HSJ understands that chief executives of the larger ICSs could be offered salaries of around £250,000 as NHS England seeks to make the roles more attractive to experienced top-level leaders. HSJ has learnt that salaries of this magnitude are being discussed for roles in the larger systems including the seven ICSs with populations of more than 2 million, Cumbria and the North East; Greater Manchester; Cheshire and Mersey; West Yorkshire; North West London, East London; and South West London.

The new roles in these areas are expected to be advertised in September. NHSE has told clinical commissioning group accountable officers that they are guaranteed an interview for the new roles but are not, in legal terms, “suitable alternative employment” to being a CCG chief, meaning that it is easier for NHSE to recruit outsiders rather than give the role to incumbents in CCGs.

Well-placed sources said the CEO roles were seen as substantially different to that of CCG accountable officers and salaries would reflect that. Most trust chief executives are paid less than £200,000 but those of larger trusts tend to be paid more with some paid more than £250,000, whereas the guide salary for accountable officers of larger CCGs has been around £130,000 to £140,000.


Source: HSJ, 24 August 2021

Read Article

International

Study: French women smoke fewer cigarettes than men but find it more difficult to quit

 

A new study of more than 35,000 smokers in France has found that women smoke fewer cigarettes than men but are less likely to quit. The study found that the average number of cigarettes smoked daily (23 versus 27) and rates of severe nicotine dependence (56% versus 60%) were lower for women than men, but abstinence was less common for women (52%) than men (55%).

The study compared characteristics and abstinence rates of men and women visiting smoking cessation services between 2001 and 2018 in France. The study enrolled smokers aged 18 and older and with at least one additional risk factor for cardiovascular disease such as being overweight or obese, having high cholesterol, diabetes, high blood pressure, history of stroke, heart attack or angina. The study defined nicotine dependence on a scale ranging from mild, moderate, or severe dependence. Smoking abstinence was self-reported and confirmed by carbon monoxide testing.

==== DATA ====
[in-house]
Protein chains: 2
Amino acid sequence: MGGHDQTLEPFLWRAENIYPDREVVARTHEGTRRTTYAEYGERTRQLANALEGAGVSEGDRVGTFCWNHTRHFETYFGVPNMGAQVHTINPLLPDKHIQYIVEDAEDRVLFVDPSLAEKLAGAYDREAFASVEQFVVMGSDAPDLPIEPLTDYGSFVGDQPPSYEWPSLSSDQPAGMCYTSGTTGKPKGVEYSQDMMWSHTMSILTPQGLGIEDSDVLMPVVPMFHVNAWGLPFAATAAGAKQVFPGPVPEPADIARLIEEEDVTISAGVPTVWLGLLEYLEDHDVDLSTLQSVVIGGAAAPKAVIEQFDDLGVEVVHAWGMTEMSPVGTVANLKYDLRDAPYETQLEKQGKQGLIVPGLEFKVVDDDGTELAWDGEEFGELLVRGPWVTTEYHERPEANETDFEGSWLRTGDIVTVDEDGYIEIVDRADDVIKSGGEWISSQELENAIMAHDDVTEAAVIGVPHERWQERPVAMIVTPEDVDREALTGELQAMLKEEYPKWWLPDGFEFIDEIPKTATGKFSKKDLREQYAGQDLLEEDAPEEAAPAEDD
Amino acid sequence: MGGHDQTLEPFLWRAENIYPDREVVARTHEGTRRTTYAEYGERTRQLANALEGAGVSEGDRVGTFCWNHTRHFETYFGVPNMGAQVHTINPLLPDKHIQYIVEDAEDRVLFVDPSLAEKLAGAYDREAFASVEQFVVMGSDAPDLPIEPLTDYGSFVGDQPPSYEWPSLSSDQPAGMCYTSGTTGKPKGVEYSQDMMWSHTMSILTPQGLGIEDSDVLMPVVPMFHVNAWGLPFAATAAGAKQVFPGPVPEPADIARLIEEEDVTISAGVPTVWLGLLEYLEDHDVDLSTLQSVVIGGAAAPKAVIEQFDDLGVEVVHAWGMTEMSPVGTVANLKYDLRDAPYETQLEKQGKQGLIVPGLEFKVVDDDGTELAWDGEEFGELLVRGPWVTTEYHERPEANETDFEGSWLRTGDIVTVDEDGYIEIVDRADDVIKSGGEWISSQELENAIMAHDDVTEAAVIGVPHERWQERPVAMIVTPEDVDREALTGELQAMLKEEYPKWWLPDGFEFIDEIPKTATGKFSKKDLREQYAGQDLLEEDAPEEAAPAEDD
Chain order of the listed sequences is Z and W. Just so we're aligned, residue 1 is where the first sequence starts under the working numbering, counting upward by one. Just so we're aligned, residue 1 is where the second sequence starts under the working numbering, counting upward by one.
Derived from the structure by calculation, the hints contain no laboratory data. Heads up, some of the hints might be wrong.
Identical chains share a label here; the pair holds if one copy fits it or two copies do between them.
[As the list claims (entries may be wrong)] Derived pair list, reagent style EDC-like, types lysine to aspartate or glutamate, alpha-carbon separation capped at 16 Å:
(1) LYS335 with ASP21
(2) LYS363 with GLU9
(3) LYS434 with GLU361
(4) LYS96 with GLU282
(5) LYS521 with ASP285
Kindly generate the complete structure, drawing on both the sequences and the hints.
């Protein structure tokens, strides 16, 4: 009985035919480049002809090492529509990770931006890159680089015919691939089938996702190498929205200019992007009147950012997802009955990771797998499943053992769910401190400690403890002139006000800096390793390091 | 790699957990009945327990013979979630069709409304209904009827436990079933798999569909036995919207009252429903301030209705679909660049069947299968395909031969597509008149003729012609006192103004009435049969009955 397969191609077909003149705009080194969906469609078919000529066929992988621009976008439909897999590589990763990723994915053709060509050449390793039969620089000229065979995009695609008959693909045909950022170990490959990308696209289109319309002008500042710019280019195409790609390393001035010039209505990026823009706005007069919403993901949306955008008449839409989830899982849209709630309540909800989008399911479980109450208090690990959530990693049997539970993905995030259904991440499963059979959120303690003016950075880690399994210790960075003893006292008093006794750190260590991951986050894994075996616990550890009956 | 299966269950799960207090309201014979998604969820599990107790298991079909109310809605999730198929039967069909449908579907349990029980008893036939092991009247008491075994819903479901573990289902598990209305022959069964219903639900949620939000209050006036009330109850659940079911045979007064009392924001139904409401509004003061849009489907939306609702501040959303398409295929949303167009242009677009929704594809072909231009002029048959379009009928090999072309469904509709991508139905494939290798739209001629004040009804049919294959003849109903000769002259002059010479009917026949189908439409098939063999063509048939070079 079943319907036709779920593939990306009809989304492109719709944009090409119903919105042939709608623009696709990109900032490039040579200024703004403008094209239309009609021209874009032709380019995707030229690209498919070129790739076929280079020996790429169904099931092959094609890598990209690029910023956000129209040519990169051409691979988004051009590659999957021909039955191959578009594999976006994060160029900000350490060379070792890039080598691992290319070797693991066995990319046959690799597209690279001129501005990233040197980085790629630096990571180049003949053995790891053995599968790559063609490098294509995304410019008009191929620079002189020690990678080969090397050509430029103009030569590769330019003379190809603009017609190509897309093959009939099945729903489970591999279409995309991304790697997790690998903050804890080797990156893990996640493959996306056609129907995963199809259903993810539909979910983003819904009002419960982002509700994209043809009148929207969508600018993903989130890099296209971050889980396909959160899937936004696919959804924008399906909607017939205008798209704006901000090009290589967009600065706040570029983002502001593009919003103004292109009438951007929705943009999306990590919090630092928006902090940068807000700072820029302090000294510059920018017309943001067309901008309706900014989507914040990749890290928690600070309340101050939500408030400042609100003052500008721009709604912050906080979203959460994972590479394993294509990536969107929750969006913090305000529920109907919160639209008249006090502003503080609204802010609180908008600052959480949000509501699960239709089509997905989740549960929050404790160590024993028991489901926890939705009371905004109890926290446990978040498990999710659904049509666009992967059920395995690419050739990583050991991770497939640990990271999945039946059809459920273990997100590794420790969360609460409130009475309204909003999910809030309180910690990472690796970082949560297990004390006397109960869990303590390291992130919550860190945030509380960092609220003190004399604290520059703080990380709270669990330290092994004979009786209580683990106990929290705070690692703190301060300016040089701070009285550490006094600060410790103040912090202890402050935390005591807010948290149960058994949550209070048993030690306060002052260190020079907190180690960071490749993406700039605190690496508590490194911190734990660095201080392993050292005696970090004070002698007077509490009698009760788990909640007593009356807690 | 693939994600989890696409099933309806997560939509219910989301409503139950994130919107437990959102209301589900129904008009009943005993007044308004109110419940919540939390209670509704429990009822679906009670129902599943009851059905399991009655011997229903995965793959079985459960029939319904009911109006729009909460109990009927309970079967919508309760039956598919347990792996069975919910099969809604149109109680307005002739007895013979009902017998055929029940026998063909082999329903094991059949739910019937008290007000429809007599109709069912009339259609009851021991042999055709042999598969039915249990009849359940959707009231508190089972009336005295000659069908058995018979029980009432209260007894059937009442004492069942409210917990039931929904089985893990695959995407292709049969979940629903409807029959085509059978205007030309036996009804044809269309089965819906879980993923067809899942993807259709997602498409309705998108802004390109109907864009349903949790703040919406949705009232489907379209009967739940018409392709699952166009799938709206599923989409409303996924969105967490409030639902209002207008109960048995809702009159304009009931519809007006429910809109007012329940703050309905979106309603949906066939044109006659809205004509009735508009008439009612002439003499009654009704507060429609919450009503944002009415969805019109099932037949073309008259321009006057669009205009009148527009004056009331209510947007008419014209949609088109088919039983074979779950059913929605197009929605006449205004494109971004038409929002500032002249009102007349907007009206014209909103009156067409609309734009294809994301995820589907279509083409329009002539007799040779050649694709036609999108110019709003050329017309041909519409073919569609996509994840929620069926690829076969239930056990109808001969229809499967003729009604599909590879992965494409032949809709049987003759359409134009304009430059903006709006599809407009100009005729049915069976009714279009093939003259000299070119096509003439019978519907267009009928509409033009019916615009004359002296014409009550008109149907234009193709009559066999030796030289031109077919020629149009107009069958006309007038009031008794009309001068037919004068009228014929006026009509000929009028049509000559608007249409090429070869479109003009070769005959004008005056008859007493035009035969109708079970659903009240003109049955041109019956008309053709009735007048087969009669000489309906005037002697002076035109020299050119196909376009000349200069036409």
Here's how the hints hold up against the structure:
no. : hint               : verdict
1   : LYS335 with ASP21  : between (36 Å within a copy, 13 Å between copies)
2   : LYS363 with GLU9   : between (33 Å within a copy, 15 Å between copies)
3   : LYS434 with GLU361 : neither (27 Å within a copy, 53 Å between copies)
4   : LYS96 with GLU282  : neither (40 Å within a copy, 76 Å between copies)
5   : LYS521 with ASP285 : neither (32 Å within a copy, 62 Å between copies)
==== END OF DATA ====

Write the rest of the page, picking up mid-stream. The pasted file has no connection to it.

The study also tested for the respective levels of anxiety, depression, and obesity amongst men and women in the cohort and report author Ms Ingrid Allegbe said that the higher prevalence of these issues in women than men might be a factor in the greater difficulty women face in quitting. Allegbe concluded that tailored smoking cessation programmes were needed for women offering a multidisciplinary approach involving a psychologist, dietitian, and physical activity specialist.

Source: News Medical Life Sciences, 25 August 2021

Read Article

Northern Mariana Islands: Partnership aims to reduce cancer and tobacco-related illnesses

 

Revenue The Commonwealth Healthcare Corporation of the Commonwealth of the Northern Mariana Islands (CNMI) has shared the results of its 2016 CNMI Hybrid Survey which show that rates of cancer and other tobacco-related illnesses are 3 to 4 times higher in the CNMI than in the US mainland. The survey also showed that of the 1 in 4 adults who chew betelnut, 80% use tobacco when they chew.

The Commonwealth Healthcare Corporation’s (CHC) Health and Vital Statistics Office reports that 76% of deaths in the CNMI between January to June 2021 were due to non-communicable diseases and related risk factors. According to the CNMI Cancer Registry, lung, and mouth cancer, primarily from tobacco use, are two of the top 5 cancers in the CNMI. Data also shows that younger people in their 30s and 40s are increasingly being diagnosed with cancers related to their tobacco use.

The CHC’s Non-Communicable Disease Bureau recently signed a partnership with the Northern Marianas College Cooperative Research Extension and Education Service to offer nicotine cessation classes at the college, designed to expand tobacco control efforts and to reduce morbidities.


Source: The Guam Daily Post, 24 August 2021

Read Article
Have you been forwarded this email? Subscribe to ASH Daily News here.

For more information email enquiries@ash.org.uk or visit www.ash.org.uk 

@ASHorguk


ASH Daily News is a digest of published news on smoking-related topics. ASH is not responsible for the content of external websites. ASH does not necessarily endorse the material contained in this bulletin.  
Our mailing address is:
Action on Smoking and Health

Unit 2.9, The Foundry
17 Oval Way
London
SE11 5RR

Want to change how you receive these emails?
You can update your preferences or unsubscribe from this list